The pictures in these galleries were all taken in shady natural light so that they give the most accurate representation of the colour. Most of the filaments will look more shiny and sparkly in the sun or under a desk lamp, as can be seen in some of the other photographs.
The photos are mostly of unfinished pens, so you should ignore any whispy bits of filament on the ends.
You can click on the small images to see them larger.
Polyalchemy Onyx Elixir is a neutral grey that is very shiny. It looks well with most other colours of filament.
Polyalchemy Alpha Brass Elixir filament is a warm brownish colour that is very shiny and changes its appearance with different lighting. On my desk it looks darker than in the photos of this gallery, almost a black-brown.
FormFutura Brilliant Purple filament is lovely but does not really live up to its name. It is a dusty lilac sort of purple. Certainly not as intensely purple as its name suggests to me, and compared to Polyalchemy Nightshade Exlixir filament it is more grey than purple. Nonetheless a lovely shade of colour for a fountain pen. Seems to go best with cool colours.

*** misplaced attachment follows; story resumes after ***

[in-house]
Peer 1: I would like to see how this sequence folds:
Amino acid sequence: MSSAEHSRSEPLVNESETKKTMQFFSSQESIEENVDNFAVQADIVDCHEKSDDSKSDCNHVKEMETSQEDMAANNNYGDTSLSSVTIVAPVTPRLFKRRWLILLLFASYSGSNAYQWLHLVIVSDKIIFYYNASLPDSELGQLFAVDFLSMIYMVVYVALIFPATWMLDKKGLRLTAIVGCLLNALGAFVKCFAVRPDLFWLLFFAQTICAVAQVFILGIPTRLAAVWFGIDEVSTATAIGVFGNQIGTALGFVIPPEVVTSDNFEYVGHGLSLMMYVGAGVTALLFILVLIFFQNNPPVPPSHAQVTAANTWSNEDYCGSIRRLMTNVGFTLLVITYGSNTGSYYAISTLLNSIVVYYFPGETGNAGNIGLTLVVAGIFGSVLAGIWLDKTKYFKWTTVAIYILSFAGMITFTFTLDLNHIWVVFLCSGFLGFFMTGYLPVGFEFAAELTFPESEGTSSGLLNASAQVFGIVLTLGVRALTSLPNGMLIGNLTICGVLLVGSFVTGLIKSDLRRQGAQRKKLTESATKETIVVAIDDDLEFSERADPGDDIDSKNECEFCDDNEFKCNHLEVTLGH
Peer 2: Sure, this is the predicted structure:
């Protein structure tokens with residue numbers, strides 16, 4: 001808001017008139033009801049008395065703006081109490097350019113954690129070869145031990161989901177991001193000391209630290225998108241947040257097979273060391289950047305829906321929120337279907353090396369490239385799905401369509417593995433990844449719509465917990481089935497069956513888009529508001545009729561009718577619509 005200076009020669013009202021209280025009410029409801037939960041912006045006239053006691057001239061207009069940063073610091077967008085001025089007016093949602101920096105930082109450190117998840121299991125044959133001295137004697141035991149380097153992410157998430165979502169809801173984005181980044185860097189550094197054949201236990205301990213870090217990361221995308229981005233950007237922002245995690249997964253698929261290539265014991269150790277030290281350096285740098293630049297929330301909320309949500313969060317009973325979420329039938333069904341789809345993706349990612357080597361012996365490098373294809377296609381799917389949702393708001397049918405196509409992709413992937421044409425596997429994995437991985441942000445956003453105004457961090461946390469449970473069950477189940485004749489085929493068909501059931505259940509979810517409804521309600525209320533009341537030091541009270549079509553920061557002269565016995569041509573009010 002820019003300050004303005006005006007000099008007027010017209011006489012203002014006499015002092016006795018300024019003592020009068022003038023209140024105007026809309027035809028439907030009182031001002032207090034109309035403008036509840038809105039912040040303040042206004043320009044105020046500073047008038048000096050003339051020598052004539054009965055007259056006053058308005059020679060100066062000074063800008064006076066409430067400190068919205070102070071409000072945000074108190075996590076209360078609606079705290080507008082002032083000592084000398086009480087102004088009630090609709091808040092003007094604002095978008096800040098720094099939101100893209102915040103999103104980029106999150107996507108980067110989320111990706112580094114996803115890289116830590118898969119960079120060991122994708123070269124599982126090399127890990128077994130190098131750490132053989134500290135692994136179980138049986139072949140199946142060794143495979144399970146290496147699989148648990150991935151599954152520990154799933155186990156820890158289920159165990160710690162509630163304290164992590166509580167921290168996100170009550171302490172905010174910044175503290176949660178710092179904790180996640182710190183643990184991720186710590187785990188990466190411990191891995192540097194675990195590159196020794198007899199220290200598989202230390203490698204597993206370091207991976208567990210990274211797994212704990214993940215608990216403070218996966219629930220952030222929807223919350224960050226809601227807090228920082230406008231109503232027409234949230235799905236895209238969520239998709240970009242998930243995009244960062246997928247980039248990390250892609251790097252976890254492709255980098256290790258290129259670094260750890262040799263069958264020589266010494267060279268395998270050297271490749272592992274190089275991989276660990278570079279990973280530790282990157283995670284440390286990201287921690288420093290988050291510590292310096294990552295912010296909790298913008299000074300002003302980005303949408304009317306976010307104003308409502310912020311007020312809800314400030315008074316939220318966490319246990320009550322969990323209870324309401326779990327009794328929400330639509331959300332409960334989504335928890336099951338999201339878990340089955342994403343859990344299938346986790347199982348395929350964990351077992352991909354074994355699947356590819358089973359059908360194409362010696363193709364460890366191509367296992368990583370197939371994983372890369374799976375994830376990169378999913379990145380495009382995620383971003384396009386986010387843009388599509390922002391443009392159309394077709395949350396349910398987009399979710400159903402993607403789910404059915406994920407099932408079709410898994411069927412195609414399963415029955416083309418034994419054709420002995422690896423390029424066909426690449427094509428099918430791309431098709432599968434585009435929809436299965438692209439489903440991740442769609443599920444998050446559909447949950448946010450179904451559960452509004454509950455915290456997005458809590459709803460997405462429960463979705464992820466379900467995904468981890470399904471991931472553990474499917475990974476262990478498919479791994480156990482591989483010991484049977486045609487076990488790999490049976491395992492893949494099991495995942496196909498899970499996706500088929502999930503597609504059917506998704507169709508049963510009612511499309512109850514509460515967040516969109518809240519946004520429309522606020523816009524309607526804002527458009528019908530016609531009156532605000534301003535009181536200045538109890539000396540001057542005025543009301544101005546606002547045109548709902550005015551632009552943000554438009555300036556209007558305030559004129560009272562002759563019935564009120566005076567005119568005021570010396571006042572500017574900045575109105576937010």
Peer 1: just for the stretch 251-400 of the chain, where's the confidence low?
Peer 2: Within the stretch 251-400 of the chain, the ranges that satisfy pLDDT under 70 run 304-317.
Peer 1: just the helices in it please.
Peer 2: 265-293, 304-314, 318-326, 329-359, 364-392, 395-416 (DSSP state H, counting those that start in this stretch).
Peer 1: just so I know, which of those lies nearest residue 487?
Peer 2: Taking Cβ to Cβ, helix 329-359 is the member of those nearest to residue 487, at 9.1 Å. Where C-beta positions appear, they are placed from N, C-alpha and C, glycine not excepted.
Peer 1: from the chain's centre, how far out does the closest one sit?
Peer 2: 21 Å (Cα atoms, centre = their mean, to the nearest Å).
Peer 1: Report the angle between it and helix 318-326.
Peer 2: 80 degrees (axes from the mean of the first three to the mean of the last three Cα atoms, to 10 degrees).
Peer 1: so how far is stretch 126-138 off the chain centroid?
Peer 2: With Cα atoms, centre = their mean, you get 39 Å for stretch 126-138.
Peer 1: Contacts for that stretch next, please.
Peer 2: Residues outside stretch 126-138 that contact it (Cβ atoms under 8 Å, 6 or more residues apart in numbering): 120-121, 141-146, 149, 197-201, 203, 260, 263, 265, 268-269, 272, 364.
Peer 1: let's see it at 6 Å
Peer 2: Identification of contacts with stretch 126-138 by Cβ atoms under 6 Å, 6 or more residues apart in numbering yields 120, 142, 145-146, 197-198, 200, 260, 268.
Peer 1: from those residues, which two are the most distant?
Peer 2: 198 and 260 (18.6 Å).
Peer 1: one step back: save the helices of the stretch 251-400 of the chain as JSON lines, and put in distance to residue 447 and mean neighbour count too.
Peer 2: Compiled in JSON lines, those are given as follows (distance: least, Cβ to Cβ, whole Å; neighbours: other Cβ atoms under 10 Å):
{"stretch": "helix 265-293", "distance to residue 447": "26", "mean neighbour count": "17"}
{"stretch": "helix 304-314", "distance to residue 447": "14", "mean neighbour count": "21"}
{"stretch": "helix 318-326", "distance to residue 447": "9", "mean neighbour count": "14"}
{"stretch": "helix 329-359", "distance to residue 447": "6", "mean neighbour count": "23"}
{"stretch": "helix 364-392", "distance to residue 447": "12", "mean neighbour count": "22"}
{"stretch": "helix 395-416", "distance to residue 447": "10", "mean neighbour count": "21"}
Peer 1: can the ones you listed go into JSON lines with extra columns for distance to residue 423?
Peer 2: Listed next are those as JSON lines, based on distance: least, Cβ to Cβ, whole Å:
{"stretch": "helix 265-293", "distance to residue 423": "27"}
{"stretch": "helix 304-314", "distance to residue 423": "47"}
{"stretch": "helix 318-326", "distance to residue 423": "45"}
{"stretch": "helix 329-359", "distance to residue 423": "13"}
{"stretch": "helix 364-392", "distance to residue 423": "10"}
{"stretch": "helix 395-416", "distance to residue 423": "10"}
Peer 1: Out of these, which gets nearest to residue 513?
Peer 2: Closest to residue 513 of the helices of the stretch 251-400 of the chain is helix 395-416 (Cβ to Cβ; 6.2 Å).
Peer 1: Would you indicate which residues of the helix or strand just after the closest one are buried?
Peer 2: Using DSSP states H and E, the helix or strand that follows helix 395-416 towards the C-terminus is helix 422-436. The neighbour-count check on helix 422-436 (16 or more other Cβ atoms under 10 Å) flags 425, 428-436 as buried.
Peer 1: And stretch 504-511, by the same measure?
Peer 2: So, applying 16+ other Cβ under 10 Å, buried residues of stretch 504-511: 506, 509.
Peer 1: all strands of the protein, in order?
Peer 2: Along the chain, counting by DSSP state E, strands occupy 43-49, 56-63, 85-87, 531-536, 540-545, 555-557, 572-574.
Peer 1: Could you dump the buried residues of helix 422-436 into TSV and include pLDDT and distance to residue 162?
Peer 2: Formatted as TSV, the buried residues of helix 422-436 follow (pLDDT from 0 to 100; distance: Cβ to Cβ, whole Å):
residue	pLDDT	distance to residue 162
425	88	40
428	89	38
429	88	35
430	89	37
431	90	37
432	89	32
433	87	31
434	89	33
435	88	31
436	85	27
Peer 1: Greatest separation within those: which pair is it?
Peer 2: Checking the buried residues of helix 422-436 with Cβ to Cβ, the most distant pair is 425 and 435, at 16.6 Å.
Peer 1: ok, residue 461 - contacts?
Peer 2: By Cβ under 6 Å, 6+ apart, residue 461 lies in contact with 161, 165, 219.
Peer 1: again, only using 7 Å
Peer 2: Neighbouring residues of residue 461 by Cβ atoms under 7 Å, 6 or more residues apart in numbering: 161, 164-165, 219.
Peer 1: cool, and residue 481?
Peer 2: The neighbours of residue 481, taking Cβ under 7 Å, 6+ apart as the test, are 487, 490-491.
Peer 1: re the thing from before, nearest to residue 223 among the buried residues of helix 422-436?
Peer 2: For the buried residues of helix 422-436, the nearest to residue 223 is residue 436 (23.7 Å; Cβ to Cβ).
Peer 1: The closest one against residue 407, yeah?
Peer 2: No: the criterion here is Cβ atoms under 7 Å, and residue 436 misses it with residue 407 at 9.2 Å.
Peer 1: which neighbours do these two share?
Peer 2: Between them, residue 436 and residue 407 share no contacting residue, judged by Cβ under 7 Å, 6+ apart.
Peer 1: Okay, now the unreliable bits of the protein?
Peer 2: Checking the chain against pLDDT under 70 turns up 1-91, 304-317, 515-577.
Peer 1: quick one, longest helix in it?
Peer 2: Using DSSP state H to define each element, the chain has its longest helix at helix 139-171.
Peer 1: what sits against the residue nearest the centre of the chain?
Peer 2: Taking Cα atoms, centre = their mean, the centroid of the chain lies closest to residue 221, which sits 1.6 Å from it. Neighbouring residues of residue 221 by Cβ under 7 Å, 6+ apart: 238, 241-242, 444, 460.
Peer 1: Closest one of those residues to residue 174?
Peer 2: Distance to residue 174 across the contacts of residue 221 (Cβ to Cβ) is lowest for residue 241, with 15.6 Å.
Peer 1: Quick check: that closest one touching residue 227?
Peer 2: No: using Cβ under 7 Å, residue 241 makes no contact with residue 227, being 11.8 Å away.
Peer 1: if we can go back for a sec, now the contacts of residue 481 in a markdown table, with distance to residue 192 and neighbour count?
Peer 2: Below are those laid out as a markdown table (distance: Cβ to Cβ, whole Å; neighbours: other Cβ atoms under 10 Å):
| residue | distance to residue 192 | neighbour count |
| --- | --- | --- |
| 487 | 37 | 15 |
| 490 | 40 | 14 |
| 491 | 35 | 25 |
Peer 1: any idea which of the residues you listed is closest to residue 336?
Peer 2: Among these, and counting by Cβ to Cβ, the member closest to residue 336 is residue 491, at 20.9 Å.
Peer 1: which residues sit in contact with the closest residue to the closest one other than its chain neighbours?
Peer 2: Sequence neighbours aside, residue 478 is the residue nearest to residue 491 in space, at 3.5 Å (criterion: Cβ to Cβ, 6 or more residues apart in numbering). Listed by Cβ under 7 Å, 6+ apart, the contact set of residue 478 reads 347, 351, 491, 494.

Polyalchemy Nightshade Elixir is deeply, deeply purple. Deeper than you might expect. Its darkness provides a wonderful foil for the brilliant reflections from its intense shine.
Xtron3D Copper goes well with most other colours, either as the band colour or the main. In some light it is fairly convincing as polished copper and in other light it is more orange. The photos here seem to have caught the orange behaviour, at least on my monitor.
That’s not all of the colours that can be had, but it’s all of the photos that I have at the moment.